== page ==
Sunday, October 21, 2012

The Boy That Does Not Talk (part two).

Have you ever had one of those moments where something that you think or feel, something so deep seeded and ingrain in your layers, comes up and punches you in the face (figuratively speaking)? This just happened to me and it has left me a little breathless. 

I have meaning to write this post for a few weeks now, something that I have so wanted to share and express. I find blogging is a great way for me to explore my deeper thoughts, it is a way for them to get out, it is a way for me to actually see them, feel them and hear them. I guess I have been avoiding it, I just didn't know what to say. 

About eight weeks ago we go some very exciting and heartbreaking news about our beautiful Willow. My darling baby boy, suffers from a very common condition called Verbal Dyspraxia. Many of you who followed along with my old blog would know that my three and a half year old son does not talk.  Finally it had a name, finally I knew that we were not alone. For me, it is the hardest bloody thing I have had to deal with as a mother. Having a child that cannot talk has all but destroyed my heart and soul and rebuilt it again. Every single morning and every single night, I look into his beautiful blue eyes and wonder if today will be the day that he says something new, perhaps even two or three words. I cry and scream internal tears even hour of every day. I have blamed myself, I have blamed everything and everyone but I have learnt to not blame and to just embrace. I still weep all. the. time. I recoil with shame some days - like I am the one who has caused this and I should punish myself. I have felt the shame when I take my son to the playground. I have cancelled playmates for fear of questions, for fear of looking like a bad parent, a parent that does not know how to parent. I take a lot of things to heart, I am a sensitive soul. I worry, I care, I over think, I over analyse.

Keith and I were just channel surfing and story came on 60 Minutes about autistic children and the breakthrough they have had with the use of iPads. Within thirty seconds of this story starting, the silent tears filled my eyes and rolled down my cheeks. A beautiful 9 year old girl who cannot talk was having a conversation with her mother via the use of an app on her iPad. I couldn't help myself, I wept, uncontrollably. I looked over to Keith and I could see those same tears in his eyes. My beautiful boy does not suffer from autism but sometimes I feel that maybe he does. We have had all of the tests, we have had all of the assessments and all of the checks but a part of my heart aches and feels that maybe he does. We have used the iPad a lot with Will, it is a fantastic educational tool for children that have difficulties communication and it is a brilliant way for him to learn. I could not help but weep when I saw these beautiful children, the joy on their faces. I miss my boy, I cry for the beautiful smart and gentle boy that he is, I cry for the beautiful talkative boy that he could be.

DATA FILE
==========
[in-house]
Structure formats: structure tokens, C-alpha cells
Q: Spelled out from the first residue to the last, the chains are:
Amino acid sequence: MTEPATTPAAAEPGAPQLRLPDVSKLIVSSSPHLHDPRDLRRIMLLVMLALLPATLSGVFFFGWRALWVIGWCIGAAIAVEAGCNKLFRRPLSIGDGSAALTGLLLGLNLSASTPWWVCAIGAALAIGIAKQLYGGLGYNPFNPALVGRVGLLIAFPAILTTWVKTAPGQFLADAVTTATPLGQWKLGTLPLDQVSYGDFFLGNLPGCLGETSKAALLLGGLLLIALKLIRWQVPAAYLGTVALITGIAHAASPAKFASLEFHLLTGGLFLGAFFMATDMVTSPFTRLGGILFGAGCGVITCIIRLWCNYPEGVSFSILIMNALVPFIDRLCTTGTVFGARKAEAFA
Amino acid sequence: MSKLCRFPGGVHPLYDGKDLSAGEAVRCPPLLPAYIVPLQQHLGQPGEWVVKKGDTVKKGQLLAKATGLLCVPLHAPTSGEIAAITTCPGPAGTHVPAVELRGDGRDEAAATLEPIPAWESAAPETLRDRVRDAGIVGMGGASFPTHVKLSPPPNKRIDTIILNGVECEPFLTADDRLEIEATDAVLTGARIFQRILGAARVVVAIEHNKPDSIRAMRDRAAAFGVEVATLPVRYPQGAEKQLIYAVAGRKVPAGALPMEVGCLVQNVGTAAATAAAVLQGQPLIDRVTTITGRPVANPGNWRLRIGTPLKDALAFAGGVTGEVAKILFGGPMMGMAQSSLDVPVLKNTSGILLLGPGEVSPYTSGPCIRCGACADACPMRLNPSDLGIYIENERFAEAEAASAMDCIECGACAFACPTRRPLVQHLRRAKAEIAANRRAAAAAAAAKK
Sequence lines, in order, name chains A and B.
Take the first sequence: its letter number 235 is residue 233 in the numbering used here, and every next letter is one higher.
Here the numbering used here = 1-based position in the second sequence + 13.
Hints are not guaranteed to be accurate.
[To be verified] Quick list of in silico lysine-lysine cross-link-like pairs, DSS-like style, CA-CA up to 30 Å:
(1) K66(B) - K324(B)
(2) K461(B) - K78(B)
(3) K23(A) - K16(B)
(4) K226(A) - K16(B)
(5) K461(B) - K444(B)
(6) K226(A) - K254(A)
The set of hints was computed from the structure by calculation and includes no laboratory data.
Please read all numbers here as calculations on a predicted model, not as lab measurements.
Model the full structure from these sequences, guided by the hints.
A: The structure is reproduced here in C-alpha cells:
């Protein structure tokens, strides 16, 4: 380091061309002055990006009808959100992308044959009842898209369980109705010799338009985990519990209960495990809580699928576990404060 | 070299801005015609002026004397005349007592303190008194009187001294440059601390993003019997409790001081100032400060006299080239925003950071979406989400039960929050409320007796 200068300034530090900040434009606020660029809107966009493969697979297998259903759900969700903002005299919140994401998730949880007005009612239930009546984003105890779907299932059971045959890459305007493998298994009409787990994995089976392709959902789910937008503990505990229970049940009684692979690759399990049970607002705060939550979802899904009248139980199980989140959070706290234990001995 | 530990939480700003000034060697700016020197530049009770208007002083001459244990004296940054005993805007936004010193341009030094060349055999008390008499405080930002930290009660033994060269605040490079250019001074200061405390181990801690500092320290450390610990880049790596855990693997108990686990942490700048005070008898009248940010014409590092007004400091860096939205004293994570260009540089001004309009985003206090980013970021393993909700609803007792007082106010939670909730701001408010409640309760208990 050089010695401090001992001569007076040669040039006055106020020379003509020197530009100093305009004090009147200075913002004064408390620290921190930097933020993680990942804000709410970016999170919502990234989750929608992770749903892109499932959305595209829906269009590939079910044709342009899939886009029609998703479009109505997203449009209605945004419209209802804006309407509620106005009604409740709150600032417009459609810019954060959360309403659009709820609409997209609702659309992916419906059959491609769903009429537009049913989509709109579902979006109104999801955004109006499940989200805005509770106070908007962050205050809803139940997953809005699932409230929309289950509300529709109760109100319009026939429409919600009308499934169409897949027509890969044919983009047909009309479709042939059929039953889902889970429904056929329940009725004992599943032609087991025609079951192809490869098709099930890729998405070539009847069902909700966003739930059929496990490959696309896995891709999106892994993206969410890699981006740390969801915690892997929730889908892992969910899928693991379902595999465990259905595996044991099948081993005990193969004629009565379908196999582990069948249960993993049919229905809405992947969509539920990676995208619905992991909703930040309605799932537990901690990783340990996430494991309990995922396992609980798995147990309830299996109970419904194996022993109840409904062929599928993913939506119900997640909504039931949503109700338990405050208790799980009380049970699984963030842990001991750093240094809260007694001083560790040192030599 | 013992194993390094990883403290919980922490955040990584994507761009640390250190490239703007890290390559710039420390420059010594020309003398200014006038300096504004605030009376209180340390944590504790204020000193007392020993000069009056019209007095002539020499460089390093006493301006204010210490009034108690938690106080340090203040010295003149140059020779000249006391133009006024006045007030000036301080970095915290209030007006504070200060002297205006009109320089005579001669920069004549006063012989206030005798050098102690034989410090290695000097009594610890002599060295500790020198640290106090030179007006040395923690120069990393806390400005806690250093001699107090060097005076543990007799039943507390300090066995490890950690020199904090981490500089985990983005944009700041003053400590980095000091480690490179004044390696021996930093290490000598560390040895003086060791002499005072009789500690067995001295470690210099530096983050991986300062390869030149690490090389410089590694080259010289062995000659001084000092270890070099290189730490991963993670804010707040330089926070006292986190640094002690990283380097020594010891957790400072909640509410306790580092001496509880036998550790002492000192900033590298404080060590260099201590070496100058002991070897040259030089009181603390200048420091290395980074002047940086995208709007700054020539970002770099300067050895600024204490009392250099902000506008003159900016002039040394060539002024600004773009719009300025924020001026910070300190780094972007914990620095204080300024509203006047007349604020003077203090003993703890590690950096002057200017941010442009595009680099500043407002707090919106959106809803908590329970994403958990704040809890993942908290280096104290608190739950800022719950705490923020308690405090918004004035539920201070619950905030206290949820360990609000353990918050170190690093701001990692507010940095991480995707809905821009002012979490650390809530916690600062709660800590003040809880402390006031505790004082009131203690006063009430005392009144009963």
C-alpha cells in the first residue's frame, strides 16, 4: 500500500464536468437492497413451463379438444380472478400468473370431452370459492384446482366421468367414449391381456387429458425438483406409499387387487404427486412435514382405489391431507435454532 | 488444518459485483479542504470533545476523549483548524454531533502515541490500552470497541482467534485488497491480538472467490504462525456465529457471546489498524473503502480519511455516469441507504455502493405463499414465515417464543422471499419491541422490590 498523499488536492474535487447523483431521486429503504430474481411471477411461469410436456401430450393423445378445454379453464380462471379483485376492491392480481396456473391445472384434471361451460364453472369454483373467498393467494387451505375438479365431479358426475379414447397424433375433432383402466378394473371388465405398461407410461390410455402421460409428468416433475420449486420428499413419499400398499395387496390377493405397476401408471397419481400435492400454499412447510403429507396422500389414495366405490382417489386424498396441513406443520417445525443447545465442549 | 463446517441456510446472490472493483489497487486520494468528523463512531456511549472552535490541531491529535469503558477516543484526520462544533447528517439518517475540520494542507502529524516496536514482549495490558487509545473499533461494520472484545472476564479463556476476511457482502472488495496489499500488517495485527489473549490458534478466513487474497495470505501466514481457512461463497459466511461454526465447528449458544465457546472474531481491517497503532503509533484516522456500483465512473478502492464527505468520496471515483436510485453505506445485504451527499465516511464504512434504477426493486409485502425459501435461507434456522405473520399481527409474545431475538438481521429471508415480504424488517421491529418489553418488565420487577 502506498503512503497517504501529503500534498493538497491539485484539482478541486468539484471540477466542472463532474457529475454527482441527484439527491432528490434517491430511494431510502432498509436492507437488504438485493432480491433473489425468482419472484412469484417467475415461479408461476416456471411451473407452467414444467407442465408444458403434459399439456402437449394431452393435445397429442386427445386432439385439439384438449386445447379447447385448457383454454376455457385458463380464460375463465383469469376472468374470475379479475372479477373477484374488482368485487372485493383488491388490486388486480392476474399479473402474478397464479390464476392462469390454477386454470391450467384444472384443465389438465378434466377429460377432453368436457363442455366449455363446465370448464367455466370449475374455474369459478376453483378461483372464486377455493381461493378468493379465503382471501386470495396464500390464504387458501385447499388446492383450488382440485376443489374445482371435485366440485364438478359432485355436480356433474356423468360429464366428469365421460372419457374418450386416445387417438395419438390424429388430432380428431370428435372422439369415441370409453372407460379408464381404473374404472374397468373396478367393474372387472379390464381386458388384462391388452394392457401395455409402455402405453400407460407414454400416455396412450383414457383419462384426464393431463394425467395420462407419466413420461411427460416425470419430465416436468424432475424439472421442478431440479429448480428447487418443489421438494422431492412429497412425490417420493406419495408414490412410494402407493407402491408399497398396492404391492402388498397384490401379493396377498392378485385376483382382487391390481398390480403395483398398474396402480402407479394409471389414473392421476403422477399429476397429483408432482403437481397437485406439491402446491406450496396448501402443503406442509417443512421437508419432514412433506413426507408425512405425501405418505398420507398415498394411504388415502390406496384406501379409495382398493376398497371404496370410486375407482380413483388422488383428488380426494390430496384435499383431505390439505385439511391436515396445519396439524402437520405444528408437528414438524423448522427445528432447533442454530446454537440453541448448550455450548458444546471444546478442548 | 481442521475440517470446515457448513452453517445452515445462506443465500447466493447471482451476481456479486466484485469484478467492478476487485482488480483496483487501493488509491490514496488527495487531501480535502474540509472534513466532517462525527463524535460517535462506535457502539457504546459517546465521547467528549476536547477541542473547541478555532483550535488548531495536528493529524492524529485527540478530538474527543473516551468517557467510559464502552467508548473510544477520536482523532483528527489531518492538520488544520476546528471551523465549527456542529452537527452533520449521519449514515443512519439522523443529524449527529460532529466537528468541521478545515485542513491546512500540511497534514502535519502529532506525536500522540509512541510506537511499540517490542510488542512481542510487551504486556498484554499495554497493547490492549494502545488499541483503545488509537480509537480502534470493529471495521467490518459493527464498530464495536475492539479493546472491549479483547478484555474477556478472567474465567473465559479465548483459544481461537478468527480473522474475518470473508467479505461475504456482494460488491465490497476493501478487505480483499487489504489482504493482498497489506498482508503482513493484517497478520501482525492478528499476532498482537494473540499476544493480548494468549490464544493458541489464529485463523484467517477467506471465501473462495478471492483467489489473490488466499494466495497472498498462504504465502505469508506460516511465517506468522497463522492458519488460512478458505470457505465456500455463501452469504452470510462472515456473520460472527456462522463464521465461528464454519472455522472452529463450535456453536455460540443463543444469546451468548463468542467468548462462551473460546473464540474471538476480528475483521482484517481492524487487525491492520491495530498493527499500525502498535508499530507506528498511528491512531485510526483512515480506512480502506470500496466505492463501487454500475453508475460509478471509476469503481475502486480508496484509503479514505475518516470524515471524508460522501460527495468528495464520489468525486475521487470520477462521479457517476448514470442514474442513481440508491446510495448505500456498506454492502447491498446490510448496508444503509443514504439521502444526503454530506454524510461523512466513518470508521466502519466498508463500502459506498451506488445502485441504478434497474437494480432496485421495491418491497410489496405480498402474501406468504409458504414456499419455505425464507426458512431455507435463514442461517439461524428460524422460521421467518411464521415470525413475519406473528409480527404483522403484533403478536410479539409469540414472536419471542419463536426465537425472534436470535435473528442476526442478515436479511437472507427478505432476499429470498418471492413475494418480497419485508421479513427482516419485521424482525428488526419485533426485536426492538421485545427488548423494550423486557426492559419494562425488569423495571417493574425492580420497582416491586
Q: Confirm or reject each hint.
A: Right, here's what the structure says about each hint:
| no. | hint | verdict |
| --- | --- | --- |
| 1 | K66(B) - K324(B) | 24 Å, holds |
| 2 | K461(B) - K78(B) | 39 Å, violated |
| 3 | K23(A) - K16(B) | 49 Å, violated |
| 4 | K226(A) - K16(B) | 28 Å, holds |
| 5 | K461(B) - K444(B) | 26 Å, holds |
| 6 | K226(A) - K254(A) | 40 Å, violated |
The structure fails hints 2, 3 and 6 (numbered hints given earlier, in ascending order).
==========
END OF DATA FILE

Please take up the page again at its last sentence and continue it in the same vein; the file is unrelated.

I want to be the best mother I can be. I want my children to be proud of me. I want to to the right thing. I want to stop worrying so much. I want to be guided in the right direction. I feel that sometimes my blogging can be a little emotional and I really hope that I do not come across as someone who is struggling, only as much as a mother can, I guess. I am so grateful to be inspired by all of you, whoever you are. Thank you, for more than you know. 


  1. He's such a spunky little fellow A ... Just like his Mama. You're both full of heart and that is about one of the most wonderful things anyone could be I think. I think you're a wonderful, lovely woman and a wonderful, lovely Mama too. You're raising a beautiful boy (& girl) who is going to be a beautiful man one day. I'm so pleased to hear you have a positive way forward for you all. Much love to you beautiful xxxx

  2. technology is a wonderful thing. I am sorry to hear of your struggles, I cannot begin to imagine the pain, love and frustration you must feel, and sometimes all at once I am sure. He is a beautiful boy, his inability to string words together at this time does not stop his gorgeous face breaking out into a grin. Do the best that you can and that is all anyone can ever expect.
    lisa x

  3. Oh hun, this breaks my heart to read.

    He is such a beautiful soul. I understand all the things you said, the shame, the sadness... It's no-ones fault, please don't blame yourself, ever!

    I don't ever feel that you are struggling. We are all different, but we are all heading in the same direction. Some of us take different paths to get there.

    I hope that your little prince will make headway and blossom with words very soon. Until then, he is still perfect. And all he needs from you is love and support. Which you give him each and every single day.

    Chin up girl, you are amazing.


  4. Oh honey, you are an AMAZING mother. And he my dear looks like a divine little boy. xx

  5. oh he is so beautiful!!!!!!!!!!!!!!!!!!!!! what a sweet boy. It's so hard, I feel like I have to explain to people that elodie is a little behind or this and that. It does make you question yourself but I'm just so glad that we can get help and more people are accepting of differences these days.
    We have a long way to go and elodie's speech and understanding is a year behind where it should be combined with her physical delays and behaviour. I knew that but seeing it written down was tough.
    hugs, you're such a good mum and he is just a treasure to look at. He reminds me of finn's cheeky little friend Louis:)


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